Madagascar has been recently identified as a global hotspot for freshwater biodiversity. Loss of most of its eastern rain forest, combined with a high incidence of micro-endemism and specialization to forest stream habitats, has likely led to extinction of many of the island's stream insect species. We compared habitat and macroinvertebrate community structure in three streams draining protected rain forest within Ranomafana National Park in eastern Madagascar and three agriculture streams draining the park's largely deforested peripheral zone. Multivariate analyses showed that macroinvertebrate communities differed between stream types. Forest streams were characterized by species-rich, diverse communities composed primarily of collector-gatherers and collector-filterers belonging to the orders Trichoptera, Ephemeroptera, Plecoptera, and Diptera. In contrast, relatively depauperate agriculture stream communities were dominated by generalist collector-gatherer taxa mostly belonging to the order Ephemeroptera. Agriculture streams had 0-14% canopy cover, significantly higher mean and maximum water temperatures, and significantly lower benthic organic matter storage than forest streams (71-83% canopy cover). We found no evidence for higher sedimentation rates or nutrient concentrations in agriculture streams. Differences in thermal regime may be important in the declines of certain taxa in agriculture streams (e.g., Plecoptera). However, our data support the hypothesis that differences in stream communities are caused mainly by differences among taxa in ability to track shifts in basal resources (i.e., terrestrial detritus vs. in situ algal production) caused by deforestation. Community simplification and loss of endemic specialist taxa will continue if projections of future deforestation are proved correct. We recommend that stream biodiversity be considered in future conservation planning and propose the creation and maintenance of multiuse riparian forests that could serve both ecological and economic functions. Given that more than 5 �105 km of stream and river channel are affected by tropical deforestation annually, our results have potential applications in other tropical regions.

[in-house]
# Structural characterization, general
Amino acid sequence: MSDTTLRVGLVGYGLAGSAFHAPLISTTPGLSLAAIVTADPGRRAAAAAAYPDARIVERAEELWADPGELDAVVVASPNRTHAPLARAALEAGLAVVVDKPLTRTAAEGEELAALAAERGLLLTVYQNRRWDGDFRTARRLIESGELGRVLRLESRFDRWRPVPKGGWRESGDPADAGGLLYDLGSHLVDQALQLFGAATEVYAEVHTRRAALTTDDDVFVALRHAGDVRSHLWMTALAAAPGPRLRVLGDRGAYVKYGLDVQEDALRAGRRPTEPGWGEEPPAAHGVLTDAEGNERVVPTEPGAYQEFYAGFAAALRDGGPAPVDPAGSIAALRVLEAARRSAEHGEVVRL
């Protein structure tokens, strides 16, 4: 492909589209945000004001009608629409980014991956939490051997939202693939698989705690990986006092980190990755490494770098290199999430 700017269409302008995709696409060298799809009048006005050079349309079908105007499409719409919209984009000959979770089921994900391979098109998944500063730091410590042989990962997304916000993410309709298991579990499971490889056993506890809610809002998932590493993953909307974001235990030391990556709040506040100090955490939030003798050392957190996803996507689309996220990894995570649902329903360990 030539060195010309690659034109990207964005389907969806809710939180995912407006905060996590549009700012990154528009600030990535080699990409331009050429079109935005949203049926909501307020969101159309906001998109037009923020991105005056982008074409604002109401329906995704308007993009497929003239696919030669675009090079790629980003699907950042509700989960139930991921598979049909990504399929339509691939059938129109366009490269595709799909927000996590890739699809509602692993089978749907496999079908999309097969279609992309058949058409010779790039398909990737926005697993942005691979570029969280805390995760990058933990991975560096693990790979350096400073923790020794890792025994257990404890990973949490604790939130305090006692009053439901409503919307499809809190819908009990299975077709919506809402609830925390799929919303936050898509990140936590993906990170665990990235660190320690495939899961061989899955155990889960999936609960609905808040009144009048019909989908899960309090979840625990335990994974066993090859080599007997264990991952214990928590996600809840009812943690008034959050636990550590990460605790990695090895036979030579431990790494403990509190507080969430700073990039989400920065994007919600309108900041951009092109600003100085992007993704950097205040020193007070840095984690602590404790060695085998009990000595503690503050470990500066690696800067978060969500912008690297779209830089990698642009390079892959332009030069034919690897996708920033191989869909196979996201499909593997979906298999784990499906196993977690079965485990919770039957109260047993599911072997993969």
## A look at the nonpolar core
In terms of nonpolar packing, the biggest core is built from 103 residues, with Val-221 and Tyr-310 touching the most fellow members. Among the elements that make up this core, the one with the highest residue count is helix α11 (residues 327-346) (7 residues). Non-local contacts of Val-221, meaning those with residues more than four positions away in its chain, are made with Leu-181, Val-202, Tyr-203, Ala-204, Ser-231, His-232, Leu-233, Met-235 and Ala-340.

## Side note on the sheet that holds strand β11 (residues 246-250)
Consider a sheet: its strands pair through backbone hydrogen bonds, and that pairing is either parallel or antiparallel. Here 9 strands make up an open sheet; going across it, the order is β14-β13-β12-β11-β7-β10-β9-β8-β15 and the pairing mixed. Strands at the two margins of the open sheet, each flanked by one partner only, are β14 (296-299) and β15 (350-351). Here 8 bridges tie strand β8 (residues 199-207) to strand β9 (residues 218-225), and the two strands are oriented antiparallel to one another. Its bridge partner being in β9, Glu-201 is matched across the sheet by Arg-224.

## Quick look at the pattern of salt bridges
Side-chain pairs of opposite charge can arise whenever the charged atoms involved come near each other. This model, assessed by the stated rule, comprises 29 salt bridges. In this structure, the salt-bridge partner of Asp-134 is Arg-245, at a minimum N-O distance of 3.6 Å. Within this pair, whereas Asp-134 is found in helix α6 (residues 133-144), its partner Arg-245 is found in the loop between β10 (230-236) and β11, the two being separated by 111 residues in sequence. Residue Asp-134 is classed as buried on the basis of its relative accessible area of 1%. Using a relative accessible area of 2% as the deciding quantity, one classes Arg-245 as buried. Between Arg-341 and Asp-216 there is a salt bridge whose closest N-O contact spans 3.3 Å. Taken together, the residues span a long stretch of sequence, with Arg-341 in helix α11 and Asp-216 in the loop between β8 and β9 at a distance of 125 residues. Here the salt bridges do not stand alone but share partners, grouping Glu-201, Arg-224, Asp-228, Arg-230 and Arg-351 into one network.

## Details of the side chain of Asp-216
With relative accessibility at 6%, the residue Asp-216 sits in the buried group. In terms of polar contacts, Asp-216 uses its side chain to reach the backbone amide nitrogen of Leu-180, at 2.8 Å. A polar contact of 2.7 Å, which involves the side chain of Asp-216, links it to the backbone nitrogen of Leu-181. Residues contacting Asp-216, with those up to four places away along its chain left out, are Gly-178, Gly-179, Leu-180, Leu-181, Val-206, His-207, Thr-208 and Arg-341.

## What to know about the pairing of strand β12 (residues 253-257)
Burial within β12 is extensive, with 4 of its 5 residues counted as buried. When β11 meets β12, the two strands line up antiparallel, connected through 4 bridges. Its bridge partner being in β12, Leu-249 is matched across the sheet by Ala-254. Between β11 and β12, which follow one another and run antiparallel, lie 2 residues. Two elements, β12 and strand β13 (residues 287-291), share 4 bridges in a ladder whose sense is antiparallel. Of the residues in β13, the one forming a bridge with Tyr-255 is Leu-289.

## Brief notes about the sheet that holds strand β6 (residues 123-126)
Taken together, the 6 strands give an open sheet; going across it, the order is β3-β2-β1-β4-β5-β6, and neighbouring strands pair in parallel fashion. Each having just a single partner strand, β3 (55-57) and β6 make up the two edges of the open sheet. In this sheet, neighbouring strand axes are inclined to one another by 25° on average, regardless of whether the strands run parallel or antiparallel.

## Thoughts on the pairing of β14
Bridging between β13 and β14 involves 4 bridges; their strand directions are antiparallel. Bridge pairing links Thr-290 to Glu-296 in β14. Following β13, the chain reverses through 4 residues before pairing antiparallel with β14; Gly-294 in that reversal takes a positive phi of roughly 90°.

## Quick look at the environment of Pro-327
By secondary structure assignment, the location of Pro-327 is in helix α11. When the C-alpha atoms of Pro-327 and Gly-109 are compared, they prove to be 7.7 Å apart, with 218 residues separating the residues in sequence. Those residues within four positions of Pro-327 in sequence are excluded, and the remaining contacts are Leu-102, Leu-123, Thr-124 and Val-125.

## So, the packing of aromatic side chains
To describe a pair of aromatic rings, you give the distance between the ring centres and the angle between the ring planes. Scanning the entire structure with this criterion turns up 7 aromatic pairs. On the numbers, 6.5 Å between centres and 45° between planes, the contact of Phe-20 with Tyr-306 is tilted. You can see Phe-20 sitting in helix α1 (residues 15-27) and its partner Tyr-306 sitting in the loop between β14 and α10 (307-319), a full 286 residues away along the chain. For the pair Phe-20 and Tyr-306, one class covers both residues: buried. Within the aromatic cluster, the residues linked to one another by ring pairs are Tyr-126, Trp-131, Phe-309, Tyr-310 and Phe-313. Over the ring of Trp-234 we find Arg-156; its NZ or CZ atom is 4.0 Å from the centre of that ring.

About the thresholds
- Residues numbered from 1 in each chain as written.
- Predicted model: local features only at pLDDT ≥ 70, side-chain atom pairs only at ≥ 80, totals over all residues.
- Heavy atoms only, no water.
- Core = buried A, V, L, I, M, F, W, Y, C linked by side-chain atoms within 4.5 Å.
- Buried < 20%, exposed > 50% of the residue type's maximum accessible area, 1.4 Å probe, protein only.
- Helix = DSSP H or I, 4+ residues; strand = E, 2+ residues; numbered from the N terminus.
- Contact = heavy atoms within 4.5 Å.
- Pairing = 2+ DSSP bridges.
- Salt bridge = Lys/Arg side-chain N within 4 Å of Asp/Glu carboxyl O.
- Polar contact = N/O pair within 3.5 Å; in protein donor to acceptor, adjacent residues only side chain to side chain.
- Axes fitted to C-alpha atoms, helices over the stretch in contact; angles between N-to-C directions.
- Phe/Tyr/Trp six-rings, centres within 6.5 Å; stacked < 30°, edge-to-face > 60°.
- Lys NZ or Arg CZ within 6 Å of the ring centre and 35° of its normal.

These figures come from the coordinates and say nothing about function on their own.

|Number of pages||18|
|Publication status||Published - 2003|